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The home for VPR's coverage of health and health industry issues affecting the state of Vermont.

Welch Opposes GOP Health Bill

Congressman Peter Welch says he supports President Obama’s plan to allow individuals to keep their current health care coverage for another year. But Welch voted against a Republican sponsored bill that includes a number of key expansions to the President’s plan.

Under the president’s proposal, state insurance commissioners would have the authority to extend current health care policies for at least a year even if the policies are not compliant with the guidelines of the Affordable Care Act. Congressman Peter Welch says the president made the right decision with this plan.

“He made a promise to people it was pretty clear and pretty explicit if you like the insurance that you have you can keep it and frankly it’s very simple you make a promise you keep a promise,” said Welch.  “So I think the president had to follow through and what he’s proposing what I think largely allow people to keep the current insurance they have if that’s their decision.”

The U.S. House gave its approval to a Republican sponsored bill on Friday that goes even further than the president’s plan.

The legislation allows individuals to keep their current policies for as long as they want and it allows other consumers to sign up for these non compliant policies.

"That is a bad idea. I mean, that is quite explicitly intended to try to unravel the health care bill." - Rep. Peter Welch on GOP Health bill

Welch voted against the bill because he says it undermines the basic foundation of the Affordable Care Act.  “That’s a bad idea. I mean, that is quite explicitly intended to try to unravel the health care bill, said Welch. "Because in order for us to have health insurance that has real coverage as opposed to phony coverage, we’ve got to have some standards so that when a person is buying health care, businesses getting health care for their employees, they know what ever covers them.”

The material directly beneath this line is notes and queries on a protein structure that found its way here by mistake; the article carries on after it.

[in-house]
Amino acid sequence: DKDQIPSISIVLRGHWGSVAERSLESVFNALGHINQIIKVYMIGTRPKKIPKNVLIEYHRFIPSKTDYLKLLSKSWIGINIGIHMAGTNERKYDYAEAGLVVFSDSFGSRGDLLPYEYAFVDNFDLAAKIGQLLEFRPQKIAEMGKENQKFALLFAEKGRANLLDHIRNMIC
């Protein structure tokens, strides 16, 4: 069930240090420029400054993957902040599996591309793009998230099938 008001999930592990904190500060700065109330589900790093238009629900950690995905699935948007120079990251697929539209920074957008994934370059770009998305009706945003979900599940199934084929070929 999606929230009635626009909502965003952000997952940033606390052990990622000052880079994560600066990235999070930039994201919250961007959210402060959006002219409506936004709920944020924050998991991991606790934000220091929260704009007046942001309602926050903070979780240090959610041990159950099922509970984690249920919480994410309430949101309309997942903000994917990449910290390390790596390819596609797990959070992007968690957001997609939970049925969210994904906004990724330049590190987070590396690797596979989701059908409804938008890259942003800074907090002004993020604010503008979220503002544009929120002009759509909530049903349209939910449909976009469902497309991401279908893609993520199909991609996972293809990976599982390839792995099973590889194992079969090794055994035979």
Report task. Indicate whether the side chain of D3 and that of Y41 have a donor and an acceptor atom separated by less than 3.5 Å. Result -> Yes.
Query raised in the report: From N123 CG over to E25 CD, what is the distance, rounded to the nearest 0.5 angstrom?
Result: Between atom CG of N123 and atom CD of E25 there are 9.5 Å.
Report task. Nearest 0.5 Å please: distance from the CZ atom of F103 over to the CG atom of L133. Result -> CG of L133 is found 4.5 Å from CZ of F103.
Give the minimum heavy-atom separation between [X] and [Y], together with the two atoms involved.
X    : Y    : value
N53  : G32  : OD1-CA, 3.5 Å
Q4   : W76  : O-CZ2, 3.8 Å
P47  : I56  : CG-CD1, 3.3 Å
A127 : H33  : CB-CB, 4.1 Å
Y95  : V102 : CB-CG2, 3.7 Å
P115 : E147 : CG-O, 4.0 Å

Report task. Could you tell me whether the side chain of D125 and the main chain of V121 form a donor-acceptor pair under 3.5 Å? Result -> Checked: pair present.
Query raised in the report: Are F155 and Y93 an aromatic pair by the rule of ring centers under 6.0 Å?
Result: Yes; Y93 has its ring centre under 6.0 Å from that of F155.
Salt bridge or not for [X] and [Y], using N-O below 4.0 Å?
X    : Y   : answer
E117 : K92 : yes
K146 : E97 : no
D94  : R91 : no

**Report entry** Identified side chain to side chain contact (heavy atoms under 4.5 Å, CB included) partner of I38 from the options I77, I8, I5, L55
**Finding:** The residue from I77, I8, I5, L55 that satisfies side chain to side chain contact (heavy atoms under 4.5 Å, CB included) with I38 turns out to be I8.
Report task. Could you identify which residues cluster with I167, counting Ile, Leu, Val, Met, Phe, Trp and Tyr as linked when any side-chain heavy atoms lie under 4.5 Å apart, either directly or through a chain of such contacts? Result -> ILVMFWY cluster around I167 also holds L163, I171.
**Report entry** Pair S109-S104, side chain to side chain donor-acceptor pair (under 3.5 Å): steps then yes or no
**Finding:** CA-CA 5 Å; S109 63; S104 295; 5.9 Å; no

Welch says he’d like to see Congress pass a bill that puts the President’s plan into law but he doubts that the Republican controlled House and the Democratic controlled Senate will be able to reach an agreement on this issue.

“So at the end of the day I think what you’re going to see is the administrative action by the President giving some flexibility in states,” said Welch. “I don’t think this is going to be a significant issue in Vermont just because of the way we’re doing business. We have good insurance companies we don’t have some of these fly by night operators.”

The Shumlin Administration says the President’s proposal will have little impact in Vermont because the Governor has already announced a plan to allow individuals and small businesses to keep their coverage until the end of March.

Shumlin says a three month extension is all that is needed because he’s confident that Vermont’s new health care exchange will be up and operating, with an online payment system, by the end of this month.

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